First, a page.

The Mediterranean Diet May Help Protect Older Adults from Becoming Frail
Older persons who follow the Mediterranean diet may have a lower risk of developing frailty later in their lives, according to the Journal of the American Geriatrics Society. Those who live on a diet composed mainly of plant-based foods – fresh, nutrient-filled foods – are likely to live longer and stay stronger as they age. These foods may include fruits, vegetables, nuts, legumes and whole grains.
The condition of frailty is associated with feeling low in energy, weight loss and loss in muscle strength and most prevalent in the aging part of the population. Those who suffer from it experience numerous health concerns, such as fractures, disability, dementia and regular falls that can contribute to these issues. Frailty can also decrease quality of life.
A team of researchers, led by Kate Walters, PhD and Gotaro Kojima, MD, of University College London, in the UK, looked to see if following a healthy diet might decrease one’s risk of frailty. The researchers analyzed evidence from all published studies examining associations between adherence to a Mediterranean diet and development of frailty in older individuals. Their analysis included 5789 people in four studies in France, Spain, Italy, and China.
“We found the evidence was very consistent that older people who follow a Mediterranean diet had a lower risk of becoming frail,” said Dr. Walters. “People who followed a Mediterranean diet the most were overall less than half as likely to become frail over a nearly four-year period compared with those who followed it the least.”
Jessica Pieterse, a registered dietician at Nutritional Solutions, advises all South Africans to follow the Mediterranean style of eating for the following reasons. Firstly, it provides several health benefits, secondly it is easy to follow and lastly it provides a variety of nutrients. Health benefits include decreasing risk for heart disease, lowering blood pressure, improving cholesterol levels and increasing longevity.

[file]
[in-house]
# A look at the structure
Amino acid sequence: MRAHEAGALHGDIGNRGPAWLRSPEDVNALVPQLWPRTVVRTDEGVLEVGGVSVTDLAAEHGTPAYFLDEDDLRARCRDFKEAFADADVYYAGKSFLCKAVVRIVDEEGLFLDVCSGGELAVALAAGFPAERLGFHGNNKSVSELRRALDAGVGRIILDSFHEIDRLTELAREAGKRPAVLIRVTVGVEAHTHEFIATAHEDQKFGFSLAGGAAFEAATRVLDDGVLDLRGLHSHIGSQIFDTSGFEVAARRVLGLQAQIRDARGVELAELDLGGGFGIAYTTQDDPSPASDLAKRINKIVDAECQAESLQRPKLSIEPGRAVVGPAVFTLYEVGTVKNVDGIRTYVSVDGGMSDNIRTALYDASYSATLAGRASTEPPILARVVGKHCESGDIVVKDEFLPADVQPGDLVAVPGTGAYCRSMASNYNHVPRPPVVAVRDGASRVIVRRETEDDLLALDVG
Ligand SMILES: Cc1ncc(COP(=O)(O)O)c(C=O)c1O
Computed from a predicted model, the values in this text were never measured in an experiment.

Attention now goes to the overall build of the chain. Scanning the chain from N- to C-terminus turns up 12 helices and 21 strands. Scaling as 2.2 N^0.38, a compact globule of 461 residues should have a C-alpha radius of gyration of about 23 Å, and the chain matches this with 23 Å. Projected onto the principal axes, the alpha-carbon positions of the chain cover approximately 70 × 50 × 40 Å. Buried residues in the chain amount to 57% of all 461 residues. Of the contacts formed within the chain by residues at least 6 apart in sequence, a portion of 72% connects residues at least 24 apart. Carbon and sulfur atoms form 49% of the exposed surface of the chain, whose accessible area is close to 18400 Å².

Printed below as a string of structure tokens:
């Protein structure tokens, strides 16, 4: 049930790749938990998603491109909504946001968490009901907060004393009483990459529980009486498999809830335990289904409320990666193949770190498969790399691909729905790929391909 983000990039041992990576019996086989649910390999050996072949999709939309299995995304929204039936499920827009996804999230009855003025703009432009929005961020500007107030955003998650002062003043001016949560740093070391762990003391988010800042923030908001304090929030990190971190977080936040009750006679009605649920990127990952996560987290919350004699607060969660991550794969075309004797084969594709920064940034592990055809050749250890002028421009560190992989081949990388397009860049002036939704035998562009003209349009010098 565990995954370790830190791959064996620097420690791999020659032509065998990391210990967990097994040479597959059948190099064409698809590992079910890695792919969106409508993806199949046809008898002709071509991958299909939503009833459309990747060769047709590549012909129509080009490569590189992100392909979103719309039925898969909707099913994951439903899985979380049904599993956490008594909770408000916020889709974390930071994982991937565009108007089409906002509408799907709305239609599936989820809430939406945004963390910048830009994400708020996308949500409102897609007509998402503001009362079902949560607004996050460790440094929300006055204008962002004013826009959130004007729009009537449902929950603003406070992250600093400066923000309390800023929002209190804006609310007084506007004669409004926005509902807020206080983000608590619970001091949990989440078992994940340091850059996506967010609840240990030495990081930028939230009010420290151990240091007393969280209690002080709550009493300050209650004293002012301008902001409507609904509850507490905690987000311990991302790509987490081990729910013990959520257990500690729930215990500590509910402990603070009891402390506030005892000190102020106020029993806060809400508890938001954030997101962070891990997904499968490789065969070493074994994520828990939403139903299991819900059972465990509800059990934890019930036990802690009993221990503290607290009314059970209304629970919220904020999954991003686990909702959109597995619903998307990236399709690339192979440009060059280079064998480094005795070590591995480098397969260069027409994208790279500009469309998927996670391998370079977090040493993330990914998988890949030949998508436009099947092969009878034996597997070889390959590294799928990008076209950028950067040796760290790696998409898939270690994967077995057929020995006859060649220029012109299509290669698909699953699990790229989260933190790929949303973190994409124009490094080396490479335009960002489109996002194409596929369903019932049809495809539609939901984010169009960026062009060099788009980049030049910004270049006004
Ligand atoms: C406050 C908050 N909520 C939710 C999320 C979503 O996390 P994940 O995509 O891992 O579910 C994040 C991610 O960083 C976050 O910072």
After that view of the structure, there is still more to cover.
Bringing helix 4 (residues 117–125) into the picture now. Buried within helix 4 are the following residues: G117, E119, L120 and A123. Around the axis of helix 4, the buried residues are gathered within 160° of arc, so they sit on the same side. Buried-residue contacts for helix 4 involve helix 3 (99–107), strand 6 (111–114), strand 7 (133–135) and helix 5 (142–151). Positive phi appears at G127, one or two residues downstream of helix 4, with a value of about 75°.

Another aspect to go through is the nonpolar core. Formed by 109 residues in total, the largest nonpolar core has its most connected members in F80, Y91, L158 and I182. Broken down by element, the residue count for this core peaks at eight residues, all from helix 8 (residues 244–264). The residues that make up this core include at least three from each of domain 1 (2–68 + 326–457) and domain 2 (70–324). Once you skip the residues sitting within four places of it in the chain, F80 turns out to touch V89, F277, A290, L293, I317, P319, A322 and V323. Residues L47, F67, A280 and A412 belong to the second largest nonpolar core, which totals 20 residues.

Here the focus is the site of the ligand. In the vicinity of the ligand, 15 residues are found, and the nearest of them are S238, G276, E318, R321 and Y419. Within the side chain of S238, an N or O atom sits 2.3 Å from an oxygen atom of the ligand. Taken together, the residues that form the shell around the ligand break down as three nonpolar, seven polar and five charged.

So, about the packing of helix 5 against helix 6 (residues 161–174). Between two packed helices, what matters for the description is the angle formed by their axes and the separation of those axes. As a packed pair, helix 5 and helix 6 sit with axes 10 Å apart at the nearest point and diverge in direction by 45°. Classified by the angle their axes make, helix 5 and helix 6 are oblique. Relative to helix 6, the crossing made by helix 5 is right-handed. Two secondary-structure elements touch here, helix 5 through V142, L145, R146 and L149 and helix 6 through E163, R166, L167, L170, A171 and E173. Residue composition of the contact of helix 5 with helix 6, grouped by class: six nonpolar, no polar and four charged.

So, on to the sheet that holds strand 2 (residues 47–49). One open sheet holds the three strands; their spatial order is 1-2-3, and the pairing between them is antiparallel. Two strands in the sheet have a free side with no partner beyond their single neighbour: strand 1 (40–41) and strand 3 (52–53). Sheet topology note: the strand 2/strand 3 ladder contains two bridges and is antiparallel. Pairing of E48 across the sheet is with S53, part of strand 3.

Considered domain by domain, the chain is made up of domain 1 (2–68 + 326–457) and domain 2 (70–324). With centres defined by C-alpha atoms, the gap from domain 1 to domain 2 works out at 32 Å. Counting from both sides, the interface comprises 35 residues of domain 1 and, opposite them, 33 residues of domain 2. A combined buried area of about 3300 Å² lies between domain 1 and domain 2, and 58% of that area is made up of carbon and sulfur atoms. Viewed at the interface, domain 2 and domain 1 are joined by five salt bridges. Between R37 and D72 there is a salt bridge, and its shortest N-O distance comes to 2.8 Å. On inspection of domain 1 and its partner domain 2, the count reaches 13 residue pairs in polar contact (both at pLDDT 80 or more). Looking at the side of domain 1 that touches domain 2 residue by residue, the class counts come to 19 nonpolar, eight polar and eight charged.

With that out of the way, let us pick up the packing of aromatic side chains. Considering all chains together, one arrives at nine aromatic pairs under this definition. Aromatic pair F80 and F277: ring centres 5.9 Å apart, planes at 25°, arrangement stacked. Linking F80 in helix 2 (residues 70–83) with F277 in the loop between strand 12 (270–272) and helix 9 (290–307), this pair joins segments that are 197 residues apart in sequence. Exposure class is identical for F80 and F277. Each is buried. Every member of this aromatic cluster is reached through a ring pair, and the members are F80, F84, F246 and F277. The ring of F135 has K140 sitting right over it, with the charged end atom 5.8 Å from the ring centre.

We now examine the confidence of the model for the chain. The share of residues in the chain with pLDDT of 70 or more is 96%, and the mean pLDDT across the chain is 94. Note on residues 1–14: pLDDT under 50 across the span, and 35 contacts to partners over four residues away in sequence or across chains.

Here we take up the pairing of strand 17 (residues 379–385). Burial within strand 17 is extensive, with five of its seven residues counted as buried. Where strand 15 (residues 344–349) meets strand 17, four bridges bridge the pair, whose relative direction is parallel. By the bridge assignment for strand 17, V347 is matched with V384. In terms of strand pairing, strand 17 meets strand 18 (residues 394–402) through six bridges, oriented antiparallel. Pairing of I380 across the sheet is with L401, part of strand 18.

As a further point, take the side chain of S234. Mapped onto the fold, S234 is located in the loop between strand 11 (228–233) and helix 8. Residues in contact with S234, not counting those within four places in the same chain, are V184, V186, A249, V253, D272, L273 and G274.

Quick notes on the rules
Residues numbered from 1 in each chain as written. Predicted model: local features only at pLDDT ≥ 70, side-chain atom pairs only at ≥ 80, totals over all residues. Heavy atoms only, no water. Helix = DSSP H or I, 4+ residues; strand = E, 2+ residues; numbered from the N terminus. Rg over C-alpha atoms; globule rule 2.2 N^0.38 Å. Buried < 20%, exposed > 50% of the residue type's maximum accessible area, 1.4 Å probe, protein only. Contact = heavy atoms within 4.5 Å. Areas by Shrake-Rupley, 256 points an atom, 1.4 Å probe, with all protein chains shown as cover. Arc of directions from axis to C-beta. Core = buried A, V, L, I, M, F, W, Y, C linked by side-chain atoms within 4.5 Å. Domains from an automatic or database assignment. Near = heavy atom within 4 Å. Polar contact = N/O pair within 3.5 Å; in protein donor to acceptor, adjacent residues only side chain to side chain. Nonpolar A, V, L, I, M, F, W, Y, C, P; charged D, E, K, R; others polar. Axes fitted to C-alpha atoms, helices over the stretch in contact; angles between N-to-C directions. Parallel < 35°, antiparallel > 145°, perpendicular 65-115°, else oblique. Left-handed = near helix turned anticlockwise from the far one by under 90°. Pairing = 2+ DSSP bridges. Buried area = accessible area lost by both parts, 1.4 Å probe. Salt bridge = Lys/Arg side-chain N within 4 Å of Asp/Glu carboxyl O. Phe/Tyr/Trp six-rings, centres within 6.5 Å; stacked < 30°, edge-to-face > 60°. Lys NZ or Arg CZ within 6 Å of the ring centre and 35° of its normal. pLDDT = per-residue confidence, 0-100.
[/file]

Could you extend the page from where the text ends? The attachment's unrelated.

“The Mediterranean style of eating can be followed by South Africans despite not living in the Mediterranean region,” she says. “One just needs to apply the diet principles. “
The Mediterranean style of eating promotes a high fish intake. In SA, we have a variety of fish available. Remember to follow the SASSI guidelines for sustainable fish choices. Eat more sardines and pilchards as they are inexpensive and a readily available fatty fish that provides healthy omega 3 fats. Try tinned sardines on crackers topped with an onion and tomato salsa.
Eat more plant-based meals. Add legumes (beans, chickpeas or lentils) to dishes or have a vegetarian meal. Add chickpeas to your normal chicken curry or beans to beef stew for example. You can slowly get used to legumes before you brave a full vegetarian meal. Try add lentils to your brown rice to sneek in more legumes.
The Mediterranean style of eating can be high in fat but focuses on specific types of fat unlike other diets. Mediterranean meals contain olive oil, olives, avocado, nuts and seeds which are all beneficial for your cardiovascular system and cholesterol levels. Add olives and avocado to your salads, make olive oil based dressings, or sprinkle nuts and seeds onto your oats to help you incorporate these healthy fats.
Mediterranean communities focus on whole fresh produce that has minimal processing. Buy fresh produce that has come from a farm rather than a factory.
Including all food groups
The Mediterranean style of eating doesn’t exclude any food groups, providing a balanced nutrient intake and sustainable eating habits. Foods like starches, sugary foods and alcohol can be incorporated but in a controlled manner. Starch portions are controlled and are preferably high in fiber. Foods high in sugar are only eaten on the occasion and fruit is used as a post meal snack instead. Red wine that provides resveratrol phytonutrients is preferred as a alcohol choice in moderation.
South Africans can therefore benefit in several ways by switching to this family-friendly way of eating, not the least of which is longevity and decreased risk of frailty in our older people. Click here to find out how this diet can lower your risk for stroke.